Bouncy as a pit bull puppy, but ultimately more annoying than cute and too absurd to feel dangerous, Brit pic “18.104.22.168” reps an interesting but very flawed attempt to craft an American-style criss-crossing action-caper. Having built a local following with mostly macho urban tales “Kidulthood” and “Adulthood,” writer-helmer-thesp Noel Clarke tries (in collaboration with co-helmer Mark Davis) to get in touch with his feminine side via this tale of four women having a rough weekend. Results are decidedly mixed. Clarke’s rep and vigorous pre-publicity campaign should ensure a solid domestic opening, but ancillary is where “22.214.171.124” will really blast off.
Opening scene introduces the central quartet of London-living femme coeds around whom the four separate, incident-packed story strands are wound, then braided together at the end.
First story, centering around mopey Shannon (Ophelia Lovibond), is a snooze, and only picks up when she meets a badass femme (Michelle Ryan, from the recent “Bionic Woman” reboot) who’s looking for a stash of stolen blood diamonds now in Shannon’s unwitting possession.
Second strand revolves around willowy rich-girl Cassandra (Tamsin Egerton, from the recent “St. Trinian’s” movies), who starts her weekend by flying to Gotham, ostensibly for a musical audition, but really to lose her virginity to a guy she’s met only online. An oddly random but welcome assortment of cameos from writer-helmer Kevin Smith, rapper-turned-thesp Eve and legit legend Mandy Patinkin help make this the most engaging of the pic’s four segments.
Things go swiftly downhill with the third chapter, in which mouthy Kerrys (Shanika Warren-Markland), a recent lesbian convert, makes out with her g.f. (Susannah Fielding) in a love scene seemingly devised solely for the delectation of straight men. Turns out Kerrys’ half-brother Manuel (Gregg Chillin, a standout) is mixed up with the stolen diamonds, along with his associate Tee (Clarke himself).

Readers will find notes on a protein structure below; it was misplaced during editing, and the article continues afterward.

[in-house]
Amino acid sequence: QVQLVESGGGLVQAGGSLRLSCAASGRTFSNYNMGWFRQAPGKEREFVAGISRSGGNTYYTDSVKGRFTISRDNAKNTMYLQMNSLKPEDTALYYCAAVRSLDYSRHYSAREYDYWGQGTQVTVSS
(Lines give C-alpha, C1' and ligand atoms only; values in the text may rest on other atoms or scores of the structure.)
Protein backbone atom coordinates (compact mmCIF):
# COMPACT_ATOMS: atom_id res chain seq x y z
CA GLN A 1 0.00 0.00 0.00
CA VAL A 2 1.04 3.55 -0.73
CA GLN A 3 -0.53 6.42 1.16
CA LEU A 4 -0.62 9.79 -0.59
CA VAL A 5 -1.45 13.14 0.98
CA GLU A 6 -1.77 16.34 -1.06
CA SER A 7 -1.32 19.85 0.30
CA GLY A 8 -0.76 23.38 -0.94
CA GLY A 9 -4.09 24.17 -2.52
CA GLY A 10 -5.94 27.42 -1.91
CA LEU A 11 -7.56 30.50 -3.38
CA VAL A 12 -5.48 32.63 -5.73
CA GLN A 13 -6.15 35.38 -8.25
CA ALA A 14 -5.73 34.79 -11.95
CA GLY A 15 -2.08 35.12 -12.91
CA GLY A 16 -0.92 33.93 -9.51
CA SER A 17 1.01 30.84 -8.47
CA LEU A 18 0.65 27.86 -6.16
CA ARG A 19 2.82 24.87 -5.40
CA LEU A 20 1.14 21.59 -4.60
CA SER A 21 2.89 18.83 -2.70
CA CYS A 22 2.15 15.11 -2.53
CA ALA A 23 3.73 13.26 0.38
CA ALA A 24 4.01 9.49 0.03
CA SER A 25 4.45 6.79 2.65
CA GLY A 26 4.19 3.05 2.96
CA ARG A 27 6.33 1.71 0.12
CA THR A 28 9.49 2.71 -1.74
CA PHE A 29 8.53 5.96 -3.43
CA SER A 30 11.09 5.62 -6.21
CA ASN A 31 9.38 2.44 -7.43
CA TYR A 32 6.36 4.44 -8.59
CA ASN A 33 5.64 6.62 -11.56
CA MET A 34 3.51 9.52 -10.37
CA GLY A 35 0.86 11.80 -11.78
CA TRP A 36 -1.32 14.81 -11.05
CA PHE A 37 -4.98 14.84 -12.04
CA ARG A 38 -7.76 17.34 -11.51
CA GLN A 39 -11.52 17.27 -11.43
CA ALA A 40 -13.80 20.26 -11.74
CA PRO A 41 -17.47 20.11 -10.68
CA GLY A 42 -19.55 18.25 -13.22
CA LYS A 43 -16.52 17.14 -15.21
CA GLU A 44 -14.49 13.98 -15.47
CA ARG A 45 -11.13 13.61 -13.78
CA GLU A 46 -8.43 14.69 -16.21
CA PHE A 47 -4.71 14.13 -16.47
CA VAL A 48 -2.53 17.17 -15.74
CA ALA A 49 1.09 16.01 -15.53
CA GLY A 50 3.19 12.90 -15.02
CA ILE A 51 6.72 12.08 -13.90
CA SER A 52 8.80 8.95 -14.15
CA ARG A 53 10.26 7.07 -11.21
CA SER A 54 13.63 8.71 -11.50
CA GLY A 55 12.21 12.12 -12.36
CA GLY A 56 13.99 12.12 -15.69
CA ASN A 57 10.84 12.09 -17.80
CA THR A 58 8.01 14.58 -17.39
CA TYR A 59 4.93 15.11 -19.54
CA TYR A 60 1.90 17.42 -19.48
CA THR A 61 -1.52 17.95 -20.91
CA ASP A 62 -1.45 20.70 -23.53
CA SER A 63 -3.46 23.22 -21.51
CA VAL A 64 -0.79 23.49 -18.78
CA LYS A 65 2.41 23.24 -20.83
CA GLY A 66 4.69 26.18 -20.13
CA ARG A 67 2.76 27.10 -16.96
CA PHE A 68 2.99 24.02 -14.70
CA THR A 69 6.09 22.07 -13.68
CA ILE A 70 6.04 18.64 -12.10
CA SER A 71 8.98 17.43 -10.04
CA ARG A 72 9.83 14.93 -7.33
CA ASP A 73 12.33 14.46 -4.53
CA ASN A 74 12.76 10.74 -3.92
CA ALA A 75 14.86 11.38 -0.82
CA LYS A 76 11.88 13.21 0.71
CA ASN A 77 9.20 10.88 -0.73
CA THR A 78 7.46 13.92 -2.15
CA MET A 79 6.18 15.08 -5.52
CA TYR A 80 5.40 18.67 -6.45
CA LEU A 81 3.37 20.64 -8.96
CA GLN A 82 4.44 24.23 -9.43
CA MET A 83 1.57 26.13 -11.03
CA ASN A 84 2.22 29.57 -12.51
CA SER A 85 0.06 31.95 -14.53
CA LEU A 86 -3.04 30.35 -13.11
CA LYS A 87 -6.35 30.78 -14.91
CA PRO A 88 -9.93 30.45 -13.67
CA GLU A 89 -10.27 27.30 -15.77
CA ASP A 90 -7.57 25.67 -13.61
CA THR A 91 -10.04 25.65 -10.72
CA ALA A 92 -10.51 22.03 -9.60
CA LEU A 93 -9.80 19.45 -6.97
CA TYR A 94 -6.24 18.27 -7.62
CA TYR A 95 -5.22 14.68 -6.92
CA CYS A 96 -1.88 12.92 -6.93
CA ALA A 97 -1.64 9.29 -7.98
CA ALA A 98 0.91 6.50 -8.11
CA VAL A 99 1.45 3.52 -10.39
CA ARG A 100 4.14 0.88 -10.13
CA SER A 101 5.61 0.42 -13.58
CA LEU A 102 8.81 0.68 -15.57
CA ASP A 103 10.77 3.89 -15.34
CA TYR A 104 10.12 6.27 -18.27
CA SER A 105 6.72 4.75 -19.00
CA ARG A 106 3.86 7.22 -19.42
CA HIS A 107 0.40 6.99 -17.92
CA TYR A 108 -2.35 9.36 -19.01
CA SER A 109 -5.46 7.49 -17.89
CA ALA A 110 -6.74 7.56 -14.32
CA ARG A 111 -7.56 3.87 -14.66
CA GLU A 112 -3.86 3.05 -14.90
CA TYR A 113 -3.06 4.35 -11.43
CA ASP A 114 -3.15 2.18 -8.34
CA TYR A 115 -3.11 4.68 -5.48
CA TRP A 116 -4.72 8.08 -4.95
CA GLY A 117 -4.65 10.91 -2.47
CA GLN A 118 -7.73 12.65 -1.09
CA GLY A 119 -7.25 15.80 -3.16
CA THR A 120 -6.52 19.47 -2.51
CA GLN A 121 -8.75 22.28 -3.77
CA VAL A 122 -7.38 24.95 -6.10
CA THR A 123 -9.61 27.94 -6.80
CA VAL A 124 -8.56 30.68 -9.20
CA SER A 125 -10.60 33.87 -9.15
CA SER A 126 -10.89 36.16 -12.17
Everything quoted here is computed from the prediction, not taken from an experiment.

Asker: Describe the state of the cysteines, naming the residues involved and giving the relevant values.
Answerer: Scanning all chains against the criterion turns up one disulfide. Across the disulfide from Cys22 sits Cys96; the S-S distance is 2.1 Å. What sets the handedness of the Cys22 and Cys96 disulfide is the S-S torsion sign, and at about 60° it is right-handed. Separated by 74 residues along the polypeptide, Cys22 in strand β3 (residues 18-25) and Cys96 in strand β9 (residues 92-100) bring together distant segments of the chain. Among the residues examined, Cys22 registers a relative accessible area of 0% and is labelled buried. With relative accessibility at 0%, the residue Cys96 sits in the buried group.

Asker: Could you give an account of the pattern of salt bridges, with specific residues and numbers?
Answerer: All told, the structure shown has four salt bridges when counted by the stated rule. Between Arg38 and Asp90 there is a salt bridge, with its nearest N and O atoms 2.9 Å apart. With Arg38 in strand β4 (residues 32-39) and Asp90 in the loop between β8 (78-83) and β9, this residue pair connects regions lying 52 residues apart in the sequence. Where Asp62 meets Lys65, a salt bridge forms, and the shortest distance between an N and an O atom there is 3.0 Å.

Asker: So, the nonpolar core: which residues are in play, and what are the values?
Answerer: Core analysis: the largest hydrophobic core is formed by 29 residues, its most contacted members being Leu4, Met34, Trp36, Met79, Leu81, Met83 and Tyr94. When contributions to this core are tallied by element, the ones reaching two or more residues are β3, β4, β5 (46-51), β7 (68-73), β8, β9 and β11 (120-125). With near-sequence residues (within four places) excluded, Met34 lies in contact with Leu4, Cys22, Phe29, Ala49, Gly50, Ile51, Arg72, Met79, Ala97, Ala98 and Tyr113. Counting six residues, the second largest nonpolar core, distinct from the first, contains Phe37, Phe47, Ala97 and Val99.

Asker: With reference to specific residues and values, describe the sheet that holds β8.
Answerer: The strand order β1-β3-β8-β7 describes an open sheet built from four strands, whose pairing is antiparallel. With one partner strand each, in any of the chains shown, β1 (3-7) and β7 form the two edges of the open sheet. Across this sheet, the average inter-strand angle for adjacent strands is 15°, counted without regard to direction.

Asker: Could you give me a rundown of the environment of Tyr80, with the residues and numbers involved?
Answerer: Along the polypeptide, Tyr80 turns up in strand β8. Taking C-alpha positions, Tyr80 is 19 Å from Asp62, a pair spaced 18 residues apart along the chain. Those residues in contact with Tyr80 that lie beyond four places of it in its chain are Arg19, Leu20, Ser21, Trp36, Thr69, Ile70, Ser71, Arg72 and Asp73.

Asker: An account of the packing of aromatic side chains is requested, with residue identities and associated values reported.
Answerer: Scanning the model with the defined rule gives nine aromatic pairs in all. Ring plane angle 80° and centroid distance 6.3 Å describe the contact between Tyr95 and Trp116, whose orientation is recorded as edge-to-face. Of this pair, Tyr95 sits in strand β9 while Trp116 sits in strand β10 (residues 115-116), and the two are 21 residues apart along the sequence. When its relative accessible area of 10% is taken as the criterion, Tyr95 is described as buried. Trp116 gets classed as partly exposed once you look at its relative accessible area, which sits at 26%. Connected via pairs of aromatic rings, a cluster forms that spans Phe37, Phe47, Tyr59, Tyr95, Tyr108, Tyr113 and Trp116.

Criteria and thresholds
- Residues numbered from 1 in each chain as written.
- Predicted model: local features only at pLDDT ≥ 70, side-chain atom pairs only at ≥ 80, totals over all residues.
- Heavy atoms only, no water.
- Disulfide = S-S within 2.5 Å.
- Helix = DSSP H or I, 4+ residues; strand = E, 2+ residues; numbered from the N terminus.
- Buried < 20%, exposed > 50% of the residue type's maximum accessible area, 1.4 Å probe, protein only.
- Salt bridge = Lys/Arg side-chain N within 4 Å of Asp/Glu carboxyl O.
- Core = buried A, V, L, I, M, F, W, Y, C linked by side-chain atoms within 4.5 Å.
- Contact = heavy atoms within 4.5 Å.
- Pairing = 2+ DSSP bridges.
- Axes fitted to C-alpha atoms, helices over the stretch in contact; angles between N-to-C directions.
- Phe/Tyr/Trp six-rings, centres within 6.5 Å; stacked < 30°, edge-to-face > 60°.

Tee is the manager of a convenience store that employs Joanne (Emma Roberts), heroine of the previous chapter. With its overexposed lighting and employee chitchat, this set reps a heavy-handed tribute to Smith’s “Clerks” by way of Doug Liman’s multistranded “Go,” which Clarke himself has declared an influence here throughout.
That’s not a wise comparison, since mention of “Go” only makes “126.96.36.199’s” faults — contrived dialogue, often amateur-level perfs, tonally jarring stabs as sentimentality — glare more brightly. More problematic still, Clarke’s script has huge plausibility issues, starting with whether these four (admittedly cartoonishly drawn) young women would ever be friends. And there’s the question of whether pro diamond smugglers would ever use doofuses like Tee and his friends as middlemen. The canny eye for contempo street culture Clarke displayed in his scripts for “Kidulthood” and “Adulthood” has lost its focus here.
The lack of verisimilitude wouldn’t matter so much if the whole package were assembled with more pro polish. Although the mix of score (by composers Adam Lewis and Barnaby Robson) with urban-beat choices by music supervisor Ian Neil adds bounce throughout, and is nimbly integrated with consistently excellent editing by Mark Everson, elsewhere the pic looks a bit too low-budget to break out of the niche ghetto offshore.